At my organization’s last annual company meeting, the human resources manager gave each employee a copy of StrenghtsFinder 2.0 by Tom Rath, whose inside cover asks “Do you have the opportunity to do what you do best every day?” [emphasis theirs]. This thin, 183-page career book includes an access code for the online Clifton StrengthFinder 2.0 assessment test. The first 31 pages articulate the central thesis of the book – that “you cannot be anything you want to be – but you can be a lot more of who you already are.” Instead of focusing a majority of personal self-improvement time on weakness, the book asserts that we should instead focus on developing strength. The remainder of the book describes 34 talent themes. The online assessment, which takes only about 30 minutes to complete, generates a personalized profile of your top five talents in Adobe PDF format (I keep mine on Dropbox). Not only does the assessment describe your talents, but it provides a customized action plan based on the results thousands of other people who have taken the assessment (statistical analysis, anyone?). Once you have your test results, you can finish the book quickly by only reading about your five talents. Or if you’re like me, you’ll read about the other 29 talents to see if the assessment “got it all wrong”.
I’ll share the results of my assessment in a future post so you can decide.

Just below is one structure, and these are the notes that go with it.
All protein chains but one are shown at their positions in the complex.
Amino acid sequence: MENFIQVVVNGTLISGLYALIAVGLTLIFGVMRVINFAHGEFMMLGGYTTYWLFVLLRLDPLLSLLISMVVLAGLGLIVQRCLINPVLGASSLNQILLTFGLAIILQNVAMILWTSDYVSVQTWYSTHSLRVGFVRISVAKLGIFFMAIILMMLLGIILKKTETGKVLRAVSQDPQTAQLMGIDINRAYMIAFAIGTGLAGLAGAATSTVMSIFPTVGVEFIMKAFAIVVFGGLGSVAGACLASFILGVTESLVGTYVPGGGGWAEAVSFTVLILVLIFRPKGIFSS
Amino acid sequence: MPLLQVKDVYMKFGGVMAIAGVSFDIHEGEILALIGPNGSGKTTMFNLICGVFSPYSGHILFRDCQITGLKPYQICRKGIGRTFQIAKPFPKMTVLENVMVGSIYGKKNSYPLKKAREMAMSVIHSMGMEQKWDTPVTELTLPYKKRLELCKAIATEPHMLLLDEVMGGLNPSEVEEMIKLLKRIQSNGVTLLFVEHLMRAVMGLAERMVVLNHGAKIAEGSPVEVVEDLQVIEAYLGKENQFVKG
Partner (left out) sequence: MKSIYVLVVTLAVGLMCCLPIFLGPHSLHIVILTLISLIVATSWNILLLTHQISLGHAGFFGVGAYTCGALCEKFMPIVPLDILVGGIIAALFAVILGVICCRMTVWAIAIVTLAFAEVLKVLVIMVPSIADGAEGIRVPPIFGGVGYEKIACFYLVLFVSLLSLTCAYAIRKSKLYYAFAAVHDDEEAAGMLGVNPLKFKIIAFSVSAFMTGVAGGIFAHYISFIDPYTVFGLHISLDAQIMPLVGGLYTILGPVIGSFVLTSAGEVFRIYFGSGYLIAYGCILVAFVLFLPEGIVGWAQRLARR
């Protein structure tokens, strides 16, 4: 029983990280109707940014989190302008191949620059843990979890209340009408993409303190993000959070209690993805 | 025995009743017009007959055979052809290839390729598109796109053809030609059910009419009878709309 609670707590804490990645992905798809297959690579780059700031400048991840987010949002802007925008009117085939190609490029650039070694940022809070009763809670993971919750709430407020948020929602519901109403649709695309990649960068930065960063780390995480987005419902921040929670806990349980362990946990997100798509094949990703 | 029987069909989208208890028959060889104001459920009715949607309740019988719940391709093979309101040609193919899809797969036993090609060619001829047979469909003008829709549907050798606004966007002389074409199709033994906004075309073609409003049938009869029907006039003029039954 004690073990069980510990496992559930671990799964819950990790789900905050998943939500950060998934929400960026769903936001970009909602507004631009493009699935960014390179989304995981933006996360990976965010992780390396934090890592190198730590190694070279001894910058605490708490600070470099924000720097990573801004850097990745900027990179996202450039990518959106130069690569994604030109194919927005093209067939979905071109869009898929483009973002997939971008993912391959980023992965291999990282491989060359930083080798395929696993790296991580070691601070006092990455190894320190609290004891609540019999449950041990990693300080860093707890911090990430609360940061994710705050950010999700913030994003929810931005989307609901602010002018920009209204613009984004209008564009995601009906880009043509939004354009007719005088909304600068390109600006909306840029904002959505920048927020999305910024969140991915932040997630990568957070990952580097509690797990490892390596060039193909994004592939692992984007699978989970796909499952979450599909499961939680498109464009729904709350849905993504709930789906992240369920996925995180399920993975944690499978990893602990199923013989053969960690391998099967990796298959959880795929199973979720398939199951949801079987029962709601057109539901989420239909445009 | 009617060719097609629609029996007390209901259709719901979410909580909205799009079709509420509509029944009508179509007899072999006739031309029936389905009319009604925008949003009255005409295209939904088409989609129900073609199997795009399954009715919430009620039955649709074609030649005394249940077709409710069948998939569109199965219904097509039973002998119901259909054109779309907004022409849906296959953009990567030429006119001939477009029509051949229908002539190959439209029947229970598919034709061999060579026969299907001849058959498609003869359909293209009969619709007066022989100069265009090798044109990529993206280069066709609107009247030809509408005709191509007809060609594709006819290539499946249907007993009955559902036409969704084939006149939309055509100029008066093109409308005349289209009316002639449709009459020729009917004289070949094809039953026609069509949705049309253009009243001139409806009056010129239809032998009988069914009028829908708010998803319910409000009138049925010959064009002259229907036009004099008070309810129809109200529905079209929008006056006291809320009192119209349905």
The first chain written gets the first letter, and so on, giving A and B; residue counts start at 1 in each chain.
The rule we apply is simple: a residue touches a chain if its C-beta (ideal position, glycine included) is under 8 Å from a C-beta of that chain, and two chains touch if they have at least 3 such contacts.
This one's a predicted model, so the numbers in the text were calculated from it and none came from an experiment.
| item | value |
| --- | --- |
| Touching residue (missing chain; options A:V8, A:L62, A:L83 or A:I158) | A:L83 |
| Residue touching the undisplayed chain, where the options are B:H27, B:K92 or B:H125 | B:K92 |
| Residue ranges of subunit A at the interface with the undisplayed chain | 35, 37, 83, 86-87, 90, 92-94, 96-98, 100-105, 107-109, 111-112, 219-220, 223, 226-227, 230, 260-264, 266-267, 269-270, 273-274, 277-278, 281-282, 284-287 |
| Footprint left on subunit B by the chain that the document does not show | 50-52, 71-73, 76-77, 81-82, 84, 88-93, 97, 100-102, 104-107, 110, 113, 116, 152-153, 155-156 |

Used copies can be found cheaply at bookstores like Half Price Books. But beware – the access code in the back of the book can only be used once. If the seal is broken, the book isn’t worth purchasing. Thankfully, the book is relatively inexpensive from online booksellers like Amazon.
Have you taken the Clifton StrengthsFinder 2.0 assessment? What did you think of the results?
Disclosure of Material Connection: I received this book free from the publisher. I was not required to write a positive review. The opinions I have expressed are my own. Some of the links in the post above are “affiliate links.” This means if you click on the link and purchase the item, I will receive an affiliate commission. Regardless, I only recommend products or services I use personally and believe will add value to my readers.I am disclosing this in accordance with the Federal Trade Commission’s 16 CFR, Part 255: “Guides Concerning the Use of Endorsements and Testimonials in Advertising.”